Smoltz has high praise for Trammell in Fame speech
Cooperstown, N.Y. -- Rather than head off to rookie ball, as was typical protocol, the Tigers invited their 22nd-round draft pick to spend 35 days in August and September 1985 hanging around the team he lived and died with growing up.
John Smoltz was in the home clubhouse at Tiger Stadium one August day that year feeling like a "fish out of water" when a veteran player strolled up and introduced himself.
"Alan Trammell came up to me and said, 'Hi, I'm Alan Trammell. Anything I can do for you, don't hesitate to ask. This house is your house,'" Smoltz said during his Baseball Hall of Fame induction speech Sunday afternoon. "I will never forget. I thank you, Alan Trammell, for teaching me what a professional baseball player is all about.
"It was as if he introduced and gave me a baton and said, 'Now pay this forward any chance you can. I have done that to the best of my ability."
Smoltz, the Metro Detroit native and former star of Lansing, took his place in Cooperstown during a speech that checked in just under 30 minutes -- and it was a speech that clearly paid homage to the values he learned from Trammell, the long-time Tigers shortstop, current Tigers front-office adviser and "a Hall of Famer in my book," during that memorable, 15-second meet-and-greet 30 years ago next month.
Smoltz thanked countless folks, from his immediate family right down to the clubhouse kids.
Yes, the clubhouse kids.
"They never get enough time to be noticed," said Smoltz, "and sometimes get treated in a way that doesn't represent what the game is."
Trammell, it turns out, taught him well.
Changing his tune
Smoltz, who spent 22 seasons in the major leagues, 21 with the Braves after that legendary trade with the Tigers in 1987, was part of an epic, four-man Hall of Fame class that included two other legendary pitchers, Pedro Martinez and Randy Johnson. Martinez, at "5-foot-11," will go down as one of the shortest Hall of Famers ever, and Johnson, at 6-foot-10, as one of the biggest.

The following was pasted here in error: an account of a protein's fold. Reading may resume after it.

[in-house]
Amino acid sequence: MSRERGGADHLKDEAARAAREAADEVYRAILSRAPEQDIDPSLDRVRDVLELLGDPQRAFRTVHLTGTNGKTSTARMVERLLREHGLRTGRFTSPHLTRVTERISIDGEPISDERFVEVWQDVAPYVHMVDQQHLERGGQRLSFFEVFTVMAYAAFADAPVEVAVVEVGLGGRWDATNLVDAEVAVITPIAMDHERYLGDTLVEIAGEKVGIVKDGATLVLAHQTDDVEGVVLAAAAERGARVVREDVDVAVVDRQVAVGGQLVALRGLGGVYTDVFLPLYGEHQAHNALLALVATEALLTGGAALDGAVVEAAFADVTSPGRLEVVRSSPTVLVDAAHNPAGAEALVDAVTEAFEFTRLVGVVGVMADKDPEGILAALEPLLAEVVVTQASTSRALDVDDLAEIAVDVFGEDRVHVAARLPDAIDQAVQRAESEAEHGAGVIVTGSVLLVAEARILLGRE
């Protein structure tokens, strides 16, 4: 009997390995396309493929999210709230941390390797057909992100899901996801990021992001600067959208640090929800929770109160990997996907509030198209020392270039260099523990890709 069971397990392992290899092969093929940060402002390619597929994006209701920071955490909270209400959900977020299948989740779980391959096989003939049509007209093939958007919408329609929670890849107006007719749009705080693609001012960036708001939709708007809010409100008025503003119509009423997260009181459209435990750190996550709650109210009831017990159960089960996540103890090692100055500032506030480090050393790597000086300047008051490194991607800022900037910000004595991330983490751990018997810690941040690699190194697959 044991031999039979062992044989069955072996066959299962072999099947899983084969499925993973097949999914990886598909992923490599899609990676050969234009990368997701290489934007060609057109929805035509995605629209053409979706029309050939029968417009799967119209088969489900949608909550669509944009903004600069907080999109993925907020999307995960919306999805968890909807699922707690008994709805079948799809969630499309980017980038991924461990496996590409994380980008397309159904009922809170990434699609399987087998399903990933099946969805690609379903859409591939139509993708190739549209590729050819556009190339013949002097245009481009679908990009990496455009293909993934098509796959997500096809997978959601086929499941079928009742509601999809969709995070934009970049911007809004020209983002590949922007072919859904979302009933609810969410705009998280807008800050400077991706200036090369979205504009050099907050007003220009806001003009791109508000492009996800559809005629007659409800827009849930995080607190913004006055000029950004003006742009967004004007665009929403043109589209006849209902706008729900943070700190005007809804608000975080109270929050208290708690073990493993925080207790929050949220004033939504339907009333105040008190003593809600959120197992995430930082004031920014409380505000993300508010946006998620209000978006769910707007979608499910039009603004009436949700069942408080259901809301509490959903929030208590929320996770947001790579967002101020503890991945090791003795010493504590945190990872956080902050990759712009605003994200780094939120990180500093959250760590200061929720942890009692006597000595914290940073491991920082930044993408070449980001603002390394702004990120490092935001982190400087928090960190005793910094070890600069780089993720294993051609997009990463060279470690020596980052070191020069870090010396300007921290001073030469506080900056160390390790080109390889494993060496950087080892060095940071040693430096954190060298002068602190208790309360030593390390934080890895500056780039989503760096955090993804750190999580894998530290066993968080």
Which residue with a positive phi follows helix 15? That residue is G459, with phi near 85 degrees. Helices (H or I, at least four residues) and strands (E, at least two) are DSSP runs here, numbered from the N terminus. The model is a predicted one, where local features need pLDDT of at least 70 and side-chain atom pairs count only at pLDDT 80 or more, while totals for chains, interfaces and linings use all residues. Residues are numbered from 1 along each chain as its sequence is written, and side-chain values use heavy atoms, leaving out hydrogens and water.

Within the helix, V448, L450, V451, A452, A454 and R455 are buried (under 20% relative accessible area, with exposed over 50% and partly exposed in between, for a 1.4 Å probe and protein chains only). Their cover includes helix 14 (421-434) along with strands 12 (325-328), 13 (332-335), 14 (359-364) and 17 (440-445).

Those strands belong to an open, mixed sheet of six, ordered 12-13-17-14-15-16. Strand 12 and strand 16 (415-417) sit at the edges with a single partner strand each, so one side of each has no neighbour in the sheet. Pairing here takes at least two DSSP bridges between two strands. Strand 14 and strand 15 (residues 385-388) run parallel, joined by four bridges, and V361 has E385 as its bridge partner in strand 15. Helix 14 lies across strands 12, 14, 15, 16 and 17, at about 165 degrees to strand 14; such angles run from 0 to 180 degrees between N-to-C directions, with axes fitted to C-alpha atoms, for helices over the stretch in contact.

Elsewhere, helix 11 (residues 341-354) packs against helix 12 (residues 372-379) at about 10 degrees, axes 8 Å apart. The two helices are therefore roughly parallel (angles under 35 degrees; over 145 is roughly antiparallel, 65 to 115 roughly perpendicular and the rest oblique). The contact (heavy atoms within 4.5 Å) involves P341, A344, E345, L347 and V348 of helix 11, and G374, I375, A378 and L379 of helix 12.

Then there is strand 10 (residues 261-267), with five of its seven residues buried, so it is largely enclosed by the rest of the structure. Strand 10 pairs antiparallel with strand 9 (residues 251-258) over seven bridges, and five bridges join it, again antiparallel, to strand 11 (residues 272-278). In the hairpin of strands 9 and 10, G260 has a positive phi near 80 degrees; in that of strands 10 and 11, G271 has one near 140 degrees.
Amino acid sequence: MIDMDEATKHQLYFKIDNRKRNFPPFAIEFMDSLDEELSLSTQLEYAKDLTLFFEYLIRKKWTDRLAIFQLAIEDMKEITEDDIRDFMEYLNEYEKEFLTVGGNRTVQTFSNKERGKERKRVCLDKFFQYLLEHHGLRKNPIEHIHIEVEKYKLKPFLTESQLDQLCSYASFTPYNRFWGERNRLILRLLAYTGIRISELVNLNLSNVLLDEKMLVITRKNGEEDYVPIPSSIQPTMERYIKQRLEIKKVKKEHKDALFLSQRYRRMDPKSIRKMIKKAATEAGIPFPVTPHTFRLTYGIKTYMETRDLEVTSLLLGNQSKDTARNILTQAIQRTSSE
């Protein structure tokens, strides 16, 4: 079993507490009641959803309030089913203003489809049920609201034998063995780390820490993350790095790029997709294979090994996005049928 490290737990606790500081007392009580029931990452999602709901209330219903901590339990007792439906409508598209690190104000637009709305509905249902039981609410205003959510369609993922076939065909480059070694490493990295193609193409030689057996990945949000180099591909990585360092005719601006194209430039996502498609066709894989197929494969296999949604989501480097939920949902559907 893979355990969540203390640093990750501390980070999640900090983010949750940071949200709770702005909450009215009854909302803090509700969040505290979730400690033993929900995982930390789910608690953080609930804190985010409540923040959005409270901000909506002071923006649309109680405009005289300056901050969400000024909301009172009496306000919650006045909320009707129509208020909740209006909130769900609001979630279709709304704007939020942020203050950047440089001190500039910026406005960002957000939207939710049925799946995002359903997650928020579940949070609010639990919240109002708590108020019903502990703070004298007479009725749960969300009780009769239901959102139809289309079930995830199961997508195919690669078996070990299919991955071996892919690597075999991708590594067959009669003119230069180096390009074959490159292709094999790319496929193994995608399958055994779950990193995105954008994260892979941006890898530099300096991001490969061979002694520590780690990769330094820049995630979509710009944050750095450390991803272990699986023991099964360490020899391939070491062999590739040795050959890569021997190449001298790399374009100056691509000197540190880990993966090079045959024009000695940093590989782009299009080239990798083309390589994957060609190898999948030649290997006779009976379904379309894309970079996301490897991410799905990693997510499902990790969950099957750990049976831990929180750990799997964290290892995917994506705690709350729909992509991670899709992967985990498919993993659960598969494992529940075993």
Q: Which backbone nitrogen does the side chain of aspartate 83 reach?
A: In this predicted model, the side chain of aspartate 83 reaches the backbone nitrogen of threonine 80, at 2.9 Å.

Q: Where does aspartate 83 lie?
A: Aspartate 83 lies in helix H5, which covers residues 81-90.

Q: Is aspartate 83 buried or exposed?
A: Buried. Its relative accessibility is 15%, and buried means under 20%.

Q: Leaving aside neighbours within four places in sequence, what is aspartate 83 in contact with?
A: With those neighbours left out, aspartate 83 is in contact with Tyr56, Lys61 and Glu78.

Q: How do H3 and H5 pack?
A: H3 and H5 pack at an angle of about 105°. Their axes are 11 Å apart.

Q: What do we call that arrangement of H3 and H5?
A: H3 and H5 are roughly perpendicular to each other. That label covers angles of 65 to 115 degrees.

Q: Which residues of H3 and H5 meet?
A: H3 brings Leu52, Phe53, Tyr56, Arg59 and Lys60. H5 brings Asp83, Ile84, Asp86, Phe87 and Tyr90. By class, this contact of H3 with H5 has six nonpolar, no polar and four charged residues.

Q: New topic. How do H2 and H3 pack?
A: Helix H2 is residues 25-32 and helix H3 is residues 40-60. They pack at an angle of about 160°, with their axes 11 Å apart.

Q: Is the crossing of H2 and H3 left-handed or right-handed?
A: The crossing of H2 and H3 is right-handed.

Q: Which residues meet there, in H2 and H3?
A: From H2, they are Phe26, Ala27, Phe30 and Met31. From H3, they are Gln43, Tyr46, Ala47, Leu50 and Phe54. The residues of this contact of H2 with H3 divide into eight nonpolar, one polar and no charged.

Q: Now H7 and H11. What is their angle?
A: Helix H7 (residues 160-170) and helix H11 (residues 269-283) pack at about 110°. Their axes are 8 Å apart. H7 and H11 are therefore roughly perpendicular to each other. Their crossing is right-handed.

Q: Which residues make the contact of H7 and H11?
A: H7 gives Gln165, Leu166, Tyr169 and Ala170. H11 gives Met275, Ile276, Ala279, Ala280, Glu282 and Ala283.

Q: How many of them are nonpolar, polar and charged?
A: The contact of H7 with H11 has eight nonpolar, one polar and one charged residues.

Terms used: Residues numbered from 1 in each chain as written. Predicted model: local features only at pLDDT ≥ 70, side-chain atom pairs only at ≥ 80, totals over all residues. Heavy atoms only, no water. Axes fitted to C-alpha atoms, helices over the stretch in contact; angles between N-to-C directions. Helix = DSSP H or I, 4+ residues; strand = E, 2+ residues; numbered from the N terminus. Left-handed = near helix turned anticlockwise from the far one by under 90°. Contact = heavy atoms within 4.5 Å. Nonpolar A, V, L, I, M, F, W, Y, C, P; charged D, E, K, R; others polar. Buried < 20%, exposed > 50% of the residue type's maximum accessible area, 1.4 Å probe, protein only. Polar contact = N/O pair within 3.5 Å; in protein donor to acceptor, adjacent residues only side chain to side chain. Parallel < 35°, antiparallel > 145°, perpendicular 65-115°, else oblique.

Smoltz checks in right around the middle of them.
"It shows why baseball is a game of all sizes and shapes," said Smoltz, "and why it is truly America's pasttime."
The fourth member of the class was Craig Biggio, an Astros lifer who made his mark at catcher, then second base, then in the outfield, reaching the 3,000-hit mark along the way.
Each inductee was introduced with a pre-taped video, and Biggio's was narrated by his long-time teammate and best friend, Tigers manager Brad Ausmus.
Ausmus called Biggio a throwback ballplayer, always hustling and always dirty.
"He just looked," said Ausmus, "like he should've been filmed in black and white."
Smoltz, 48, was raised in Lansing by two parents who met in accordion circles -- and tried, Smoltz said, to make him the next Lawrence Welk.
Smoltz started lessons at age 4, but had to break the news to his parents at age 7. He had a different dream: to be a Major League Baseball player.
His parents, who didn't know anything about sports, were supportive, but suggested he have a back-up plan. He did: gas-station attendant.